By Charles Ellinas
ON THE sidelines of the EGYPS 2018 conference and exhibition this month in Cairo, Eni’s CEO, Claudio Descalzi, said that Zohr production would reach 2.9 billion cubic feet per day (bcf/d) by 2019. This is up from the initially announced 2.7 bcf/d, which many in the industry doubted.
Given the short length of time since discovery in August 2015, this is quite an achievement. Getting there, Descalzi also confirmed that Zohr gas production is expected to reach 1.8 to 2.0 bcf/d by the end of 2018.
In the meantime, the Egyptian Petroleum Minister, Tareq El Molla, said that gas production in Egypt today is 5.5 bcf/d. With domestic gas consumption expected to reach 6.4 bcf/d by mid-2019, clearly Egypt is heading for a substantial surplus even earlier than expected.
Not to be left behind, BP also announced that production from its Atoll gasfield, which started production in December 2017, has now reached 0.35 bcf/d, seven months earlier than originally planned.
BP says the Atoll is its first new project to come into production in 2018, adding to the series of higher-margin projects successfully brought online over the past few years. The 13 projects that started-up through 2016 and 2017 provided more than 500,000 barrels of oil equivalent a day (boed) of new net production capacity. Total net production from BP’s new projects is now expected to be 900,000 boed by 2021.
Bob Dudley, BP group chief executive, said: “The longstanding partnerships we have in Egypt allowed us to fast-track Atoll’s development and deliver first gas only 33 months after discovery.”
Adding Atoll’s production to that of Zohr, by mid-2019 Egypt’s total natural gas production is expected to reach 8.4 bn ft3/day. This would more than satisfy Egypt’s domestic gas needs, and could result in as much as 2.0 bcf/d surplus gas.
Given that the combined capacity of the two existing liquefaction plants at Idku and Damietta is 1.7 bcf/d, Egypt could be in a position to resume full capacity LNG exports before the end of 2019. This would allow the country to fulfill its contractual obligations under its interrupted LNG contracts, mostly to Europe.
This is momentous news for a country that until now has been forced to import LNG due to gas shortages caused by past short-sighted policies. Stopping such imports and resuming LNG exports will provide a major boost to Egypt’s economy.
The good news for the region does not stop there. Descalzi also confirmed at EGYPS 2018 that ENI’s new gas discovery Calypso 1 in block 6 in Cyprus could even exceed 6 to 8 trillion cubic feet (tcf). He said “It could be more, it could be in that range, but for sure it cannot be less… It’s good news for the East Med hub, which could become powerful if they all put their resources together.”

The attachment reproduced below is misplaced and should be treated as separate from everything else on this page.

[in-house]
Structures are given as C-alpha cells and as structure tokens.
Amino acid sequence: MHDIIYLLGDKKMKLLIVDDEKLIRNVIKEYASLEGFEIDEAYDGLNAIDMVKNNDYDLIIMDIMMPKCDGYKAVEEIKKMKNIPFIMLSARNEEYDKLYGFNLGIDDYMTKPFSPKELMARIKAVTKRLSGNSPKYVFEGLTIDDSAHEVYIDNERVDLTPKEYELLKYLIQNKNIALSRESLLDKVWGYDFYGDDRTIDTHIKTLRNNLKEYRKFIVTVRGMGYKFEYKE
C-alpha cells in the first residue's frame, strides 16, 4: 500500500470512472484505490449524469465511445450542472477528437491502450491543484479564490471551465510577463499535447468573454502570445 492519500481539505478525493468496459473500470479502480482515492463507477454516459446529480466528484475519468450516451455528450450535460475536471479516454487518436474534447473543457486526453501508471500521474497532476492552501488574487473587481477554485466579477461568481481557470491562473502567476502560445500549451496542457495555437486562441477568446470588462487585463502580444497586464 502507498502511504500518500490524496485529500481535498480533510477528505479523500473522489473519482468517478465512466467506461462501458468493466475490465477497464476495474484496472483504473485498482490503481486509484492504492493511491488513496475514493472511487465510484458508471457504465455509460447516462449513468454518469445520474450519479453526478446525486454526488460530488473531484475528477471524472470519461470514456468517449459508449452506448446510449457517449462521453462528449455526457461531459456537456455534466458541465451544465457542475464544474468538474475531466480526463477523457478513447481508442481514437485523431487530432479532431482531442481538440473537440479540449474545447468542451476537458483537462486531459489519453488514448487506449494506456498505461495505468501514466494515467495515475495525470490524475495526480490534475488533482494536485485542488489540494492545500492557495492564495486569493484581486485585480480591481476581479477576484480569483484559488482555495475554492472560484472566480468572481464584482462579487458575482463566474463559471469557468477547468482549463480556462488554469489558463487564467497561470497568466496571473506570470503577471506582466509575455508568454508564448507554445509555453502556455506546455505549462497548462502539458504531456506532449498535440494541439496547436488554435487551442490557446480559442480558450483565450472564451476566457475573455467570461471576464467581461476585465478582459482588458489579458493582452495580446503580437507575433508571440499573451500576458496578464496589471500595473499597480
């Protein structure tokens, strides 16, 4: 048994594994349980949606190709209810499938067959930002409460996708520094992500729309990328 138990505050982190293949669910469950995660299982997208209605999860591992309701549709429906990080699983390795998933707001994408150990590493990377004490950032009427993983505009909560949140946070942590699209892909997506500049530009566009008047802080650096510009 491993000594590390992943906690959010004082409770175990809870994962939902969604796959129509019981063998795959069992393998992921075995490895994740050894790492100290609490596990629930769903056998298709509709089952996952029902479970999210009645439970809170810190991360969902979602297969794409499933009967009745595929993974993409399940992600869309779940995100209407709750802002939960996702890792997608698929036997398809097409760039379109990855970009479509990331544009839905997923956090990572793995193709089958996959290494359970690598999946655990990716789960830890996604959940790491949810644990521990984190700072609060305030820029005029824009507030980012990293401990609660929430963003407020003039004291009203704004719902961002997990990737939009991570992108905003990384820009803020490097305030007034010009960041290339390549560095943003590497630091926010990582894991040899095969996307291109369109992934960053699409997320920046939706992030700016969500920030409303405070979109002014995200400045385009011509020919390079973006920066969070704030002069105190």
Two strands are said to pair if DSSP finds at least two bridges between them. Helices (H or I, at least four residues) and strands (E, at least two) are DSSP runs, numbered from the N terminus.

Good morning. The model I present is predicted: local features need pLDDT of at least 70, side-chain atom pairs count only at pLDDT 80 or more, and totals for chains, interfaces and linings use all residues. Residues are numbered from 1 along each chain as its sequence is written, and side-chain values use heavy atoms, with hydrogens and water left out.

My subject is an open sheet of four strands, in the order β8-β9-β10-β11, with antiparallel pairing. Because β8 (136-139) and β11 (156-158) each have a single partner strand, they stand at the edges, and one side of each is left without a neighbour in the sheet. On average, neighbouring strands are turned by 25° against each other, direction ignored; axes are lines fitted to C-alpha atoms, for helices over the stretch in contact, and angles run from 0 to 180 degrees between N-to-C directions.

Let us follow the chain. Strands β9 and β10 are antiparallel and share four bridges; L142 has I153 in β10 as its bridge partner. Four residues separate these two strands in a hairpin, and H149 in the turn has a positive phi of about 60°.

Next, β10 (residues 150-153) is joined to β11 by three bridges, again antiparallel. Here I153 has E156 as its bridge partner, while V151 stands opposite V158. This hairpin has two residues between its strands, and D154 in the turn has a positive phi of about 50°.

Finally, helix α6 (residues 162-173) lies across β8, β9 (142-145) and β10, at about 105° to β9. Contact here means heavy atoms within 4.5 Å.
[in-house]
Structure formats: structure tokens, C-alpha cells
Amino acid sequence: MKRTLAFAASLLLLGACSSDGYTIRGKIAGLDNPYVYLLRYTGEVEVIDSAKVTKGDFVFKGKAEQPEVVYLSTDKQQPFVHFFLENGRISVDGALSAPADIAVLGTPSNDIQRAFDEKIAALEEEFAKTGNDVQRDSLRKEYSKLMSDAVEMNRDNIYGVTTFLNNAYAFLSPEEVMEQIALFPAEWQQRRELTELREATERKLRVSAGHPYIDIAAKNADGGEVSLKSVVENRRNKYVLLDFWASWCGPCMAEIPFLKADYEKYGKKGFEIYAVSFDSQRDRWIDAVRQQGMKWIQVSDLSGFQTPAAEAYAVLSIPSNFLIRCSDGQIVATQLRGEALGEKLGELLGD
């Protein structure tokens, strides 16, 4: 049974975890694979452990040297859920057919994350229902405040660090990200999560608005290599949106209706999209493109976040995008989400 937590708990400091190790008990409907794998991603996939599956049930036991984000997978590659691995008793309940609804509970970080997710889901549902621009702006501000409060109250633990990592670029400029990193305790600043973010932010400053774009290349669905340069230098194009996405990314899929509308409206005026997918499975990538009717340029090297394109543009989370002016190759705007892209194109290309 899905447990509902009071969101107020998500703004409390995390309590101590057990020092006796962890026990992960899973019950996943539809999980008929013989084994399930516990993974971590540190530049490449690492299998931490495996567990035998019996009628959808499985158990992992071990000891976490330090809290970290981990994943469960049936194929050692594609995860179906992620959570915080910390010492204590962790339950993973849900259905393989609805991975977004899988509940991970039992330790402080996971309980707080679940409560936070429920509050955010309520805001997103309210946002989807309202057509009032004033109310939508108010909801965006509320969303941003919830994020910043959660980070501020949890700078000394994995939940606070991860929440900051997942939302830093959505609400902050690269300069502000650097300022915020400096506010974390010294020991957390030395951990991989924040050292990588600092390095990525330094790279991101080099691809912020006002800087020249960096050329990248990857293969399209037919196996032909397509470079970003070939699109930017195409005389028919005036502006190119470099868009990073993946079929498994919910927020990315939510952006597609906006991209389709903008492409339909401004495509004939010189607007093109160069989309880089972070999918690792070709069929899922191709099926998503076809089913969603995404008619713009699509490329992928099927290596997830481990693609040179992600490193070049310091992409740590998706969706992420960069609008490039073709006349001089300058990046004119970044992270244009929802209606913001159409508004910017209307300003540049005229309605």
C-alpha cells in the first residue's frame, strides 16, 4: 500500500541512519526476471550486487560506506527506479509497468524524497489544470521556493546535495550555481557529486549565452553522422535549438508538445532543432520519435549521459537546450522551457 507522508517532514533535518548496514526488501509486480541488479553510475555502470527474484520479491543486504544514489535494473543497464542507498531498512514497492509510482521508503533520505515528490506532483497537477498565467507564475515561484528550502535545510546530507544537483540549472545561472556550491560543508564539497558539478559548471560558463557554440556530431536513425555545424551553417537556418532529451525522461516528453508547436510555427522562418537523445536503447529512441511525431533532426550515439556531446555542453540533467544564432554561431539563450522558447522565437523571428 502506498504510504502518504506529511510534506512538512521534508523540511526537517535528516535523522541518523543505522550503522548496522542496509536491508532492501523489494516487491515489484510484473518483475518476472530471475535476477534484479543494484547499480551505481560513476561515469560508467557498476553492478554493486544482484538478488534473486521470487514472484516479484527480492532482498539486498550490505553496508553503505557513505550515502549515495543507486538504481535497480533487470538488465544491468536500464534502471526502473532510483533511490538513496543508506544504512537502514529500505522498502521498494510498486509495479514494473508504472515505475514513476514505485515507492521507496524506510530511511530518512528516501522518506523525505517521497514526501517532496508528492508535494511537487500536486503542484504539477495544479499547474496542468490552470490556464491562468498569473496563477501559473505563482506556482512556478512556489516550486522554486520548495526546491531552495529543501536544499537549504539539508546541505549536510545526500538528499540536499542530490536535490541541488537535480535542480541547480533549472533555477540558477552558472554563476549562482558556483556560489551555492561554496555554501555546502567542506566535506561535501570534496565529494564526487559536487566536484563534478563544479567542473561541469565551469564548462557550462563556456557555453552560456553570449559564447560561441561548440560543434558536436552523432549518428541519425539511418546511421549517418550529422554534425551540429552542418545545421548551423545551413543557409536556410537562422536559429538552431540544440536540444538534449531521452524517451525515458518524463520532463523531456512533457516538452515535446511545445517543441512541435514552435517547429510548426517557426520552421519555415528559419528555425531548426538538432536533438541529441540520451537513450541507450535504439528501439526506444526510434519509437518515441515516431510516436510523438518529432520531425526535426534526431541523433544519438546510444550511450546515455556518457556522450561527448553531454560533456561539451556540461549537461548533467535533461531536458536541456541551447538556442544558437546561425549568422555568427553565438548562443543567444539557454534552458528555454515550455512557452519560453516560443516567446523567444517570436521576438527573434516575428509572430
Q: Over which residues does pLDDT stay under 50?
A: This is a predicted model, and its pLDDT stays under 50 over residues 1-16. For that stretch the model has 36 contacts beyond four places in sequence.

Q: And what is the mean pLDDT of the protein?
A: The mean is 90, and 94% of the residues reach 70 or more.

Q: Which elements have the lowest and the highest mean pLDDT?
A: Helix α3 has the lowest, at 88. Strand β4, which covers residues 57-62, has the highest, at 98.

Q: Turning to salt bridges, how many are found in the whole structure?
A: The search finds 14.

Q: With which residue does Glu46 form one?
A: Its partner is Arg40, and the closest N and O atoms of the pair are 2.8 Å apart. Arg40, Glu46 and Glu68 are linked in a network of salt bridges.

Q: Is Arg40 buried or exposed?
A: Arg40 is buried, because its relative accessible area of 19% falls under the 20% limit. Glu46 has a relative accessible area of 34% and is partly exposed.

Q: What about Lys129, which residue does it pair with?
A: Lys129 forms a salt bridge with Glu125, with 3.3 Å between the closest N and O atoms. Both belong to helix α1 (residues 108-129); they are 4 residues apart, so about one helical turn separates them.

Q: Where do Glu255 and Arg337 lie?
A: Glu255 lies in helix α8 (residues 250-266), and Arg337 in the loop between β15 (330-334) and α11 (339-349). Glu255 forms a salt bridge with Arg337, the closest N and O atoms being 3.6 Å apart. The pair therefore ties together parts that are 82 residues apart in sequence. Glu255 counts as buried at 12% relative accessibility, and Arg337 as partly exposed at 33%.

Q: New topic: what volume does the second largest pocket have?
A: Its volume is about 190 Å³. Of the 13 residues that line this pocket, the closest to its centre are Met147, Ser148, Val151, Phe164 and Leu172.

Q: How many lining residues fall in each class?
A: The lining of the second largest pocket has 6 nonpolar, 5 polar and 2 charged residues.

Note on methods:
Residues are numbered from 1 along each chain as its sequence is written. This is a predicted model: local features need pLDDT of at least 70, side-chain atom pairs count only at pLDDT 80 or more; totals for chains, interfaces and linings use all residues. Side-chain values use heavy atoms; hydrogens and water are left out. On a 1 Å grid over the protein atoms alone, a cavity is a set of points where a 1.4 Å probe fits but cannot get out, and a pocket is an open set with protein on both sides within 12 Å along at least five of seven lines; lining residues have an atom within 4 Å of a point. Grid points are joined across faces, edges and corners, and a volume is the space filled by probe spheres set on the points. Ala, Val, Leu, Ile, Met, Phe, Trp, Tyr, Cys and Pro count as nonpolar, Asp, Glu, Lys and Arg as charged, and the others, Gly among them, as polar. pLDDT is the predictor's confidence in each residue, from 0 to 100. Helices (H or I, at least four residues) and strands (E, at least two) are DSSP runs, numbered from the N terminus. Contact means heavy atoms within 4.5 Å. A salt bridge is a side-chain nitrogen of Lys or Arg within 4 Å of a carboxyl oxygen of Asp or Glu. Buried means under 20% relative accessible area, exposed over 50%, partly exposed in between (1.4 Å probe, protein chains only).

Descalzi also said one option for monetising the Calypso gas would be a connection to the Zohr infrastructure “It could be connected to Zohr…it depends on the dimensions.”
Another option, of course, would be, in combination with Aphrodite’s 4.5 tcf, to revive the idea of a liquefaction plant at Vasilikos. The combined quantities would be sufficient to justify two and possibly three 5 million tons/yr liquefaction trains, thus improving the economics of such a facility. This could be reinforced further by a discovery in block 10, when ExxonMobil completes drilling by the second half of 2018.
The other option would be to take all discovered gas to Egypt, expand its liquefaction facilities and export the gas as LNG, thus fulfilling its aspiration to become East Med’s gas hub. With Egypt’s existing gas infrastructure, and favourable regional geopolitics, this may be a more cost-effective option.
ENI can also consider FLNG by transposing its successful experience with the Coral gasfield offshore Mozambique to Calypso 1 and Cyprus. The LNG from Coral has already been sold, even in the current low-price environment, allowing the project to achieve final investment decision (FID) last year.
All these options of course depend on the state of the global gas market and regional geopolitics. Low gas prices pose a challenge to East Med gas exports. Most offshore gasfields in the region are deepwater and expensive to develop.
Cyprus gas prospects could improve through further drilling planned for this year. The next target to be drilled was in block 3 and has been dubbed Cuttlefish, but Turkey’s actions appear to have thwarted this.